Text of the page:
Hello World, From Wikimedia Enterprise | 21 Jun 2022

“We launched Wikimedia Enterprise last year with a goal of making it easy to programmatically access data from across the Wikimedia Foundation projects. Since then, we have been busy building a product that can serve the needs of commercial users of any size. Today, we are thrilled to share some of the first customers using this product, in addition to new features that make it easy for anyone to start using Wikimedia Enterprise.  Today, we are excited to announce that: Google has become the very first customer of Wikimedia Enterprise. The Internet Archive will receive full access to Enterprise’s feature set, at no cost, for use in furthering their mission of archiving the Web. Self-service trial accounts are available to anyone to try out Wikimedia Enterprise for their own use. Trial accounts include unlimited free access to a monthly snapshot of the entire Wikimedia Enterprise project archive and 10,000 free requests from our On-Demand API. New product and pricing details are now available, including a pricing calculator to estimate usage cost after a trial, as well as comprehensive product documentation, and a customer service portal with detailed FAQs. We have also added a news page (you are reading it!) to better communicate updates and announcements to current and potential customers….”

Sci-Hub: The Largest Scientific Papers Library and Alternatives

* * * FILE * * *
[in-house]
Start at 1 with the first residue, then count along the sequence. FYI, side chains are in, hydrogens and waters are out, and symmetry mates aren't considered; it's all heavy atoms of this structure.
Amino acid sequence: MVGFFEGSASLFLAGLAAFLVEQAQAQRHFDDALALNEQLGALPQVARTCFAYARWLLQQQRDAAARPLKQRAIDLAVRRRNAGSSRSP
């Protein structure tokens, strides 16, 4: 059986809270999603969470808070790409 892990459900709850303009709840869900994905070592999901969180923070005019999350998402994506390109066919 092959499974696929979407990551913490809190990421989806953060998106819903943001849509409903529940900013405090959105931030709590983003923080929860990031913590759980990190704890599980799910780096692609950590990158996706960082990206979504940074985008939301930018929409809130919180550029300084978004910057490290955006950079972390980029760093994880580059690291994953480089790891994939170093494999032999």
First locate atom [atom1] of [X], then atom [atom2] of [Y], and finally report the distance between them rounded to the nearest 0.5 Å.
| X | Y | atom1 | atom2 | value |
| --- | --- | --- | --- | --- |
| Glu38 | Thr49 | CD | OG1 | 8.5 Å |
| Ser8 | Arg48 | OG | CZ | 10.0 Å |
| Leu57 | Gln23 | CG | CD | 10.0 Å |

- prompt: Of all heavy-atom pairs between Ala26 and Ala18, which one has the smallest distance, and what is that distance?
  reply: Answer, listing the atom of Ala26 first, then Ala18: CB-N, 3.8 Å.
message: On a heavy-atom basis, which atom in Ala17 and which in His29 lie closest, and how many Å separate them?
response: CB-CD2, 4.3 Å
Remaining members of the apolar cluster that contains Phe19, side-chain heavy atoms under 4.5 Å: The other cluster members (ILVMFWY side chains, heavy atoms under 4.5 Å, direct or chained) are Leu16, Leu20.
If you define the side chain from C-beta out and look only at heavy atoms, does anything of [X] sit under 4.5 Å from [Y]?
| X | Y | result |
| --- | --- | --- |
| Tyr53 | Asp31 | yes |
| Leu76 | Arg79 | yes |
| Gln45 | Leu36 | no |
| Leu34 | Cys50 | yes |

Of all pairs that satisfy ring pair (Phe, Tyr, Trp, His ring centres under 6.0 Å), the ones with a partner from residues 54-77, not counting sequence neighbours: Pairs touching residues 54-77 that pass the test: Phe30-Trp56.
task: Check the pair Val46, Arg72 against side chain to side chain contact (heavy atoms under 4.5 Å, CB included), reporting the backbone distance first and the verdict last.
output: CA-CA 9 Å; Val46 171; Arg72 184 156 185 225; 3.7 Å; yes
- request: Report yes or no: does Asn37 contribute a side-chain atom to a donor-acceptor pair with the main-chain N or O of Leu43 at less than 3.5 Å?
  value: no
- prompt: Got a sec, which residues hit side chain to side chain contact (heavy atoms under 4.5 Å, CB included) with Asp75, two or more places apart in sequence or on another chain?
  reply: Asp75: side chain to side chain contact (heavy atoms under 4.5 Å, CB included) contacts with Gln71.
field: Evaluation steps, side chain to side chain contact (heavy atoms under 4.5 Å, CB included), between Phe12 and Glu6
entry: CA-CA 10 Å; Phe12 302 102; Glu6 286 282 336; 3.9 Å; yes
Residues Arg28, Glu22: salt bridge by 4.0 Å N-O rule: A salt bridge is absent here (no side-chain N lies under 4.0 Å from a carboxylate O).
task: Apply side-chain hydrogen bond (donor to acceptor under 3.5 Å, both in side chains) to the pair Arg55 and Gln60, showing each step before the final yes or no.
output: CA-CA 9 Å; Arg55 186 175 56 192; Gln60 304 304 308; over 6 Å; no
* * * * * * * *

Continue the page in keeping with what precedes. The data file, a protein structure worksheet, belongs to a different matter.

“Sci-Hub is a library of scientific papers and journals that anyone can access for free. The site contains over 64 million papers from over 24,000 journals, making it one of the largest scientific libraries in the world. Anyone can search for and download papers from Sci-Hub, without needing a subscription or login. This makes it an invaluable resource for students and researchers who would otherwise have difficulty accessing this information. While some publishers have raised concerns about copyright infringement, Sci-Hub provides a valuable service by making knowledge more accessible to everyone.

The best alternative is Library Genesis, which is free. Other great sites and apps similar to Sci-Hub are Z-Library, Project Gutenberg, and Ebook3000.

Sci-Hub alternatives are mainly eBook Libraries but may also be Torrent Search Engines or Paywall Remover Tools….”

COPIM’s toolkit for running an Opening the Future programme at an academic press · Community-led Open Publication Infrastructures for Monographs (COPIM)

“In spring 2020, COPIM Work Package 3 started work on devising a new revenue model for university presses and open access books. Through a series of fact-finding meetings, workshops and reports the team gathered lots of information on the business models of scholarly presses with the aim of creating a sustainable revenue stream that would allow presses to publish their books openly, without using unaffordable book processing charges.

That research led to us devising and launching an innovative revenue model called Opening the Future in October 2020 with our first partner publisher Central European University (CEU) Press. In essence, it is a library subscription membership programme whereby the press provides term access to portions of their (closed) backlist books at a special price, and then uses the revenue from members’ subscriptions to allow the frontlist to be OA from the date of publication. This model presents a potential route for the mass and sustainable transition to OA of many small-to-mid sized university presses. Liverpool University Press (LUP), joined as our second project partner with their own Opening the Future initiative in June 2021. The programme is proving to be a success and, to date, the two presses have together accrued enough library funding to produce 10+ new OA monographs. Opening the Future continues to grow with both publishers. …”